WOODLAND

The woodland is probably one of the oldest in the area. The main trees are Oak and Downy Birch with Holly and Ivy as an undershrub. The wetter areas have Sallow. A carpet of Bluebells extends through much of the area together with Foxglove, Ground Ivy, Speedwells, Wood Sorrel and Violets in the sunnier glades and Broad-leaved Helleborine alongside the main track. The three main species of trees support a wide variety of insects the more visible ones being butterflies including the Speckled Wood, Green Hairstreak and Purple Hairstreak. The abundance of insects, bugs, mites and spiders attracts resident and migrant birds. Chaffinch, Blackcap, Chiff Chaff, Wren and Dunnock are present here together with Green Woodpecker, Sparrowhawk and Tawny Owl.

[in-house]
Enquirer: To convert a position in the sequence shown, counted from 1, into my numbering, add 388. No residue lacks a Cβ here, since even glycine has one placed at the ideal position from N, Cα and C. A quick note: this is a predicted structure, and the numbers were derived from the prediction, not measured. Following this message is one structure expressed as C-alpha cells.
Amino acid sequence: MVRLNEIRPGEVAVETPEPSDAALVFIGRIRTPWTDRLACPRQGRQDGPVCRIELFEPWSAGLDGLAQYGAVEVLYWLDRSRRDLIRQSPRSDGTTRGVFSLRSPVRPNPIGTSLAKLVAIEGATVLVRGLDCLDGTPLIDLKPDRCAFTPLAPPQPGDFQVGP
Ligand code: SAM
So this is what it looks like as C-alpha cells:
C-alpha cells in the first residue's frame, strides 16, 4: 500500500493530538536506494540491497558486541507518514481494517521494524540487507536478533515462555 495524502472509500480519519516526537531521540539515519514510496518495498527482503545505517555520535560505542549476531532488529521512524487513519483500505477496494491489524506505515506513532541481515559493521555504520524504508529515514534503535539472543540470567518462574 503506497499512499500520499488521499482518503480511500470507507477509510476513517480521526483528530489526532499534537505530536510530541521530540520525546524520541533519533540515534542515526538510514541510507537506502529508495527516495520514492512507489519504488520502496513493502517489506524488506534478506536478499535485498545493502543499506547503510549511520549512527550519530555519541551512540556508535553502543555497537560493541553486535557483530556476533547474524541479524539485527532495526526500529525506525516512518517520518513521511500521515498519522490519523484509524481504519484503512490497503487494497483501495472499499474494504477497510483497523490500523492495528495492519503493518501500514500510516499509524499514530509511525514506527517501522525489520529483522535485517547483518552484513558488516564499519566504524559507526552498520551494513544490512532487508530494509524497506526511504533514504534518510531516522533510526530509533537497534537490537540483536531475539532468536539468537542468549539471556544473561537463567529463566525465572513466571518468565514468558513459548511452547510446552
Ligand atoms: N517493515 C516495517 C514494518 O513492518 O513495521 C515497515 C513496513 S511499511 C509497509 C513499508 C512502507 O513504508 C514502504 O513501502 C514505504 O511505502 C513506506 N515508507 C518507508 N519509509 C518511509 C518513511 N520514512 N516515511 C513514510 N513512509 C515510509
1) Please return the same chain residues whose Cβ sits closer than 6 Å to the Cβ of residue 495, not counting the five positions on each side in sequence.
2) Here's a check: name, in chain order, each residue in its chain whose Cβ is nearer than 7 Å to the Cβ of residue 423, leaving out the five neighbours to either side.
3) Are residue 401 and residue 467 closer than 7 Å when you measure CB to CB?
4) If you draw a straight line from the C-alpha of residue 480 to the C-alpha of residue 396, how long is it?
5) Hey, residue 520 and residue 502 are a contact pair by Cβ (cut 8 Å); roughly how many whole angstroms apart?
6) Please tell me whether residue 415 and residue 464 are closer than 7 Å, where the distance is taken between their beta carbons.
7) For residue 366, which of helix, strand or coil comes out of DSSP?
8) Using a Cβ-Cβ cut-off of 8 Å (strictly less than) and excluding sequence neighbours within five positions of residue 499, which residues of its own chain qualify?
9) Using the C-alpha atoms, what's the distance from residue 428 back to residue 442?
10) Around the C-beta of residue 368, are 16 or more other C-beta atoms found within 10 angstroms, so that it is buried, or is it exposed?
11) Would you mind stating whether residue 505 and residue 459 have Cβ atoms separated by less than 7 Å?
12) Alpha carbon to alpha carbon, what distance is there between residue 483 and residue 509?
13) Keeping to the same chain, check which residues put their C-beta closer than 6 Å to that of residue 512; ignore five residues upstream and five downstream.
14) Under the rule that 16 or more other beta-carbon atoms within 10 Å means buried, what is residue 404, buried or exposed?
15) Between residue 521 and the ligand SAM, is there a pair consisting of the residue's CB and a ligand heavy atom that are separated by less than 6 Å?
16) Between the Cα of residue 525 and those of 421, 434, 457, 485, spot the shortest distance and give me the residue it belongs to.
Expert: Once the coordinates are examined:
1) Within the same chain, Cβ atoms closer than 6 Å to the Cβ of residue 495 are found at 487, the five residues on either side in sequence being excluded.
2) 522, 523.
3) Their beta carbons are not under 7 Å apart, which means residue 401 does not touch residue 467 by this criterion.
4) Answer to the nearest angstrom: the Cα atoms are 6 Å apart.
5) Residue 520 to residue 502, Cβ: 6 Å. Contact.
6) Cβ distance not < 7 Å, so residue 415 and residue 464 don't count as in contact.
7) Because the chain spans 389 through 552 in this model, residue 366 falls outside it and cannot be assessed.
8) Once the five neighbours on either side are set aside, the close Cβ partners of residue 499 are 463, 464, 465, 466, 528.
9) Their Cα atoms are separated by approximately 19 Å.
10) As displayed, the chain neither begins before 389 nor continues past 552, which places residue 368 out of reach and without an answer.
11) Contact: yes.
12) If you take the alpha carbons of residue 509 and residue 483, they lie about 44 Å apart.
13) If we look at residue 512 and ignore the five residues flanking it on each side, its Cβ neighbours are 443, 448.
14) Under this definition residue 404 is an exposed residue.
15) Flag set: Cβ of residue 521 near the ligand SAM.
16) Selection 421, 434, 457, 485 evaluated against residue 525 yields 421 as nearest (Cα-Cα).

Blue Tits and Great Tits breed here in nesting boxes. They can collect up to 7000 caterpillars for each brood – indicating that the woodland is indeed thriving with insect life. The woodland floor would be cluttered with fallen trees if it were not for decomposers such as bacteria and fungi and an army of wood-boring beetles, millipedes and woodlice. This ‘underworld’ is also the niche for woodmice which eat seeds, berries and fungi and an army of wood-boring beetles, millipedes and woodlice. This 'underworld' is also the niche for woodmice which eat seeds, berries and fungi.